Does our success with enrolling Americans into state and federal health exchanges prove the actual success of the health care law? According to Julie Rovner with NPR, there are bigger questions to ask before we can give a true answer to this question. Before judging the success of Obamacare, we must first answer the following questions: How well is the law working? Will enrollees pay premiums and retain health coverage? And how many enrollees were actually uninsured prior to the Affordable Care Act?
Although these questions are notably important, the information is not available yet. But even when this data does become available, will it clearly show the whole picture? A report by UC Berkeley Center for Labor Research and Education argues that more than half of enrollees in Covered California will not retain coverage for a full year, not because of unpaid premiums, nor due to some flaw in the design of the health law, but because of a change in coverage.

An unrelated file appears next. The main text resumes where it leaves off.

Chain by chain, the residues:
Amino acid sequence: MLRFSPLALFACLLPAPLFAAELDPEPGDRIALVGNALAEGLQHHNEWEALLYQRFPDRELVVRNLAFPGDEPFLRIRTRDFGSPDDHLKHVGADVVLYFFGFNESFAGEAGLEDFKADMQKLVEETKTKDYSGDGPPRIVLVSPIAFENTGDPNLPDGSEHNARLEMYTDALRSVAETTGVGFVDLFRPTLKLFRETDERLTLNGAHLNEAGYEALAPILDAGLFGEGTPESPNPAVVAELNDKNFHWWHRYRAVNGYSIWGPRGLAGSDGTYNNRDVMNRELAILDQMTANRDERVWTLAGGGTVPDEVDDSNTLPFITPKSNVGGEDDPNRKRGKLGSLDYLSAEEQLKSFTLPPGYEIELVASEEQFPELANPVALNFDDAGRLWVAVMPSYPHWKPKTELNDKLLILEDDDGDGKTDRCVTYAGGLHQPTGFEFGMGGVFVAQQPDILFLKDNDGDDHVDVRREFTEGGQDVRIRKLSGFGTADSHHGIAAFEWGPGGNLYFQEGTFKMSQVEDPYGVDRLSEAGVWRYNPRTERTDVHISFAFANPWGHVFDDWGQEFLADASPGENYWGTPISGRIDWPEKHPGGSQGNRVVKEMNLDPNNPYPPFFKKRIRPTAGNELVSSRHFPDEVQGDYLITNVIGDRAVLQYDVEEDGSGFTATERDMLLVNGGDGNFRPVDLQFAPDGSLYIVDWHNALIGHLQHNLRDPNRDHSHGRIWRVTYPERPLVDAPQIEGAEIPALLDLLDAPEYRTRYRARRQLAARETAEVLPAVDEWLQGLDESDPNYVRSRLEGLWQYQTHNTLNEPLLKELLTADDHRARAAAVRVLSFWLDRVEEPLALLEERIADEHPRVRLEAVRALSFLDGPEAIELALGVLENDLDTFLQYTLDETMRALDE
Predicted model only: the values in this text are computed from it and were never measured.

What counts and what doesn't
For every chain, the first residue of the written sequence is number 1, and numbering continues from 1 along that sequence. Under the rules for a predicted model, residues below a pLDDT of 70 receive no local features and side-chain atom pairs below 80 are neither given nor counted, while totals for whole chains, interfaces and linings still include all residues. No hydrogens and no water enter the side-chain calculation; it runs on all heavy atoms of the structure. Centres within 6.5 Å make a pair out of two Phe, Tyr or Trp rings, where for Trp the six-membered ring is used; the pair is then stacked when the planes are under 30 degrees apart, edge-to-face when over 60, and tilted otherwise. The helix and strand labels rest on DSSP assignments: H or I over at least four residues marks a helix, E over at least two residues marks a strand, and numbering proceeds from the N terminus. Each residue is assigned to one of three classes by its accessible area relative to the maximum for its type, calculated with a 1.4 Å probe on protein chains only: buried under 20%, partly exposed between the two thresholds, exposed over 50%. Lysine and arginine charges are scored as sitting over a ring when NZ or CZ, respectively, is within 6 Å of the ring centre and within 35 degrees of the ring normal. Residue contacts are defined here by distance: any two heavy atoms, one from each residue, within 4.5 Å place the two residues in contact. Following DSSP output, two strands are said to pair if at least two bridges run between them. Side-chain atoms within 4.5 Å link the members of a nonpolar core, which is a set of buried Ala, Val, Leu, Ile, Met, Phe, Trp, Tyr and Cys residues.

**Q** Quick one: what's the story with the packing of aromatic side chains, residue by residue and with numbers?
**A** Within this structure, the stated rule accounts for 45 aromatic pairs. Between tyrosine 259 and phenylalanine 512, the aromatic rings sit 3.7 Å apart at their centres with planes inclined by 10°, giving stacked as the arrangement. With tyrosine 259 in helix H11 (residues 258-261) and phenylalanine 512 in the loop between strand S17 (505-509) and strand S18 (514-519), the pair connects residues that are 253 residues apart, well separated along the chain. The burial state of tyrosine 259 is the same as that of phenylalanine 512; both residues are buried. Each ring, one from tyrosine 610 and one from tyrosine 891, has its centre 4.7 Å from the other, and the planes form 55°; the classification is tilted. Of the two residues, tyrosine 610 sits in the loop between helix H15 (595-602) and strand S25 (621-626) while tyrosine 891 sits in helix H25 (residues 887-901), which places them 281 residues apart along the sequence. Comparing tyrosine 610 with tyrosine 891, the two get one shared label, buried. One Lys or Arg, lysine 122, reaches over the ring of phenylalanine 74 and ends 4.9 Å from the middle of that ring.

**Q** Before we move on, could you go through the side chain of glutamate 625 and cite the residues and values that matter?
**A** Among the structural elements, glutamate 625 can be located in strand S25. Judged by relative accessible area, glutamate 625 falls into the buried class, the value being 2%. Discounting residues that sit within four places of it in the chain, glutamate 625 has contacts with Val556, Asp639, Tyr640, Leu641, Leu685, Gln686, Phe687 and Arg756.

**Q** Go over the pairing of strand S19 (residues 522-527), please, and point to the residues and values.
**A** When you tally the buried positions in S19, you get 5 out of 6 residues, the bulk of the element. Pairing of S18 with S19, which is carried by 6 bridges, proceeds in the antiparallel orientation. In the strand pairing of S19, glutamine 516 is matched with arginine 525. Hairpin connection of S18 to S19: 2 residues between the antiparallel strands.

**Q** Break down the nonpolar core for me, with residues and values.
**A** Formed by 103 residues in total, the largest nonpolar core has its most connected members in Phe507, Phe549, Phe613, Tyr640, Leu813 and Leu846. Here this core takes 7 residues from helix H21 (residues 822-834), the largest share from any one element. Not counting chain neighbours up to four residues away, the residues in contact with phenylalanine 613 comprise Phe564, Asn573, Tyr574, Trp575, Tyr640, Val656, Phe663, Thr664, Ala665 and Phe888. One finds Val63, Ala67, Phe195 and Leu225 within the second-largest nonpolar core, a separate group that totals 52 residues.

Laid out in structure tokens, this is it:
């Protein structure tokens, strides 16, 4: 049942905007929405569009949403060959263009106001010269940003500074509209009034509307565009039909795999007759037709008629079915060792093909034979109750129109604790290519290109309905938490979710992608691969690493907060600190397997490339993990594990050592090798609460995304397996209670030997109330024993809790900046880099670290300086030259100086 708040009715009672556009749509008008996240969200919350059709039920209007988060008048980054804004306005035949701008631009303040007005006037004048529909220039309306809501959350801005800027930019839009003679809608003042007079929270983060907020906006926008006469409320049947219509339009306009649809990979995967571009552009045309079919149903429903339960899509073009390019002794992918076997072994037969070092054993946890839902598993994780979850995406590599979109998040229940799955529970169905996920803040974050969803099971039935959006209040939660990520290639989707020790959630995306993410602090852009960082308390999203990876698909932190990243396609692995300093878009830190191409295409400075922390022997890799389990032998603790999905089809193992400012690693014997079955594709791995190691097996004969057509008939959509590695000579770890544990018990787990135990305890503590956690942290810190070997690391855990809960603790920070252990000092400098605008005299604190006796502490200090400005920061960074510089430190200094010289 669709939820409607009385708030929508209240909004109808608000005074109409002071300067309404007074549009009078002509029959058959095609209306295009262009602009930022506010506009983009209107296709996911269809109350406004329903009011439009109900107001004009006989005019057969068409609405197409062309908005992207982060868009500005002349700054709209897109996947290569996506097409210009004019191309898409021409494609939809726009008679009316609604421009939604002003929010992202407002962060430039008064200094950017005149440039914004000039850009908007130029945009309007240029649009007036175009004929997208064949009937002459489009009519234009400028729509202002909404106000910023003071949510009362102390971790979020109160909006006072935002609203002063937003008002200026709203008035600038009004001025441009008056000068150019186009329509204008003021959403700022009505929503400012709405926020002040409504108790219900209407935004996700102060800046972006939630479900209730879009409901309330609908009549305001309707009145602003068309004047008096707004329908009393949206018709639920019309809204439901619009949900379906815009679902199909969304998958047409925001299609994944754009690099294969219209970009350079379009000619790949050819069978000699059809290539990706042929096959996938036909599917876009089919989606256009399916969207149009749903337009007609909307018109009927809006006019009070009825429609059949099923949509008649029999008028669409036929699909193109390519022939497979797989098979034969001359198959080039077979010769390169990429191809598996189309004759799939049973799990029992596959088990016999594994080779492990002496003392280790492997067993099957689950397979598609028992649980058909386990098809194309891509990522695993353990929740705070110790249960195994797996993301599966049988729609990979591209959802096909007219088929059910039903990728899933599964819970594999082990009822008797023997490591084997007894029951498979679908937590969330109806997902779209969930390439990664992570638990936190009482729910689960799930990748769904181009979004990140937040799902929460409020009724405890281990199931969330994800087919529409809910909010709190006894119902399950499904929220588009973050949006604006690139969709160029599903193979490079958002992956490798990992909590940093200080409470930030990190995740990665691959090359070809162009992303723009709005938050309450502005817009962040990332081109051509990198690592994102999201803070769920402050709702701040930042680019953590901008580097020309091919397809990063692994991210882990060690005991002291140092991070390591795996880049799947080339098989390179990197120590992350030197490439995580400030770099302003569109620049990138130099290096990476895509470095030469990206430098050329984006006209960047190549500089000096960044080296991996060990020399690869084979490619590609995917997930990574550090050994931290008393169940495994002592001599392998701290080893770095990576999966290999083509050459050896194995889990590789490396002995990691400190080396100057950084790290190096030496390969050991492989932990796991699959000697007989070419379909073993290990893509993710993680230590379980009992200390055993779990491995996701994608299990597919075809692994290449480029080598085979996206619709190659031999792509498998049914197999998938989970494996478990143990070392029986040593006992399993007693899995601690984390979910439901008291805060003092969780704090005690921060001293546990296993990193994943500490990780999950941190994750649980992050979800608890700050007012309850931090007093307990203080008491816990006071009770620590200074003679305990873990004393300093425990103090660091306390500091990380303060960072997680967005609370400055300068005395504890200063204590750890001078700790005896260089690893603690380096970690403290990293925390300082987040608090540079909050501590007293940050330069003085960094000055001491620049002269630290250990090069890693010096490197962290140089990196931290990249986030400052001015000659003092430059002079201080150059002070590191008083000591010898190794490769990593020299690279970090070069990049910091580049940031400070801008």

Over a 12-month period, enrollees are likely to churn between Medi-Cal, Covered California, and Employer Sponsored Insurance (ESI). For those enrolled in the Medi-Cal program, it is estimated that 74.5% will retain Medi-Cal, 9.1% will gain EIS, and 16.5% will become eligible for Covered California due to income increases. On the Covered California side, there are two separate predictions as shown below.
Additionally, those outside these categories will likely take advantage of special enrollment periods after job loss, marriage, the birth of a child, and widowhood.
As of yet, there is no way to say whether Obamacare should be proclaimed a success beyond getting people to sign up for health coverage. However, answering the question of how well the law is working will definitely prove more complex than simply looking at national numbers. Any data collected needs to make a distinction between the number of consumers that have gained new coverage and the number who have stayed uninsured.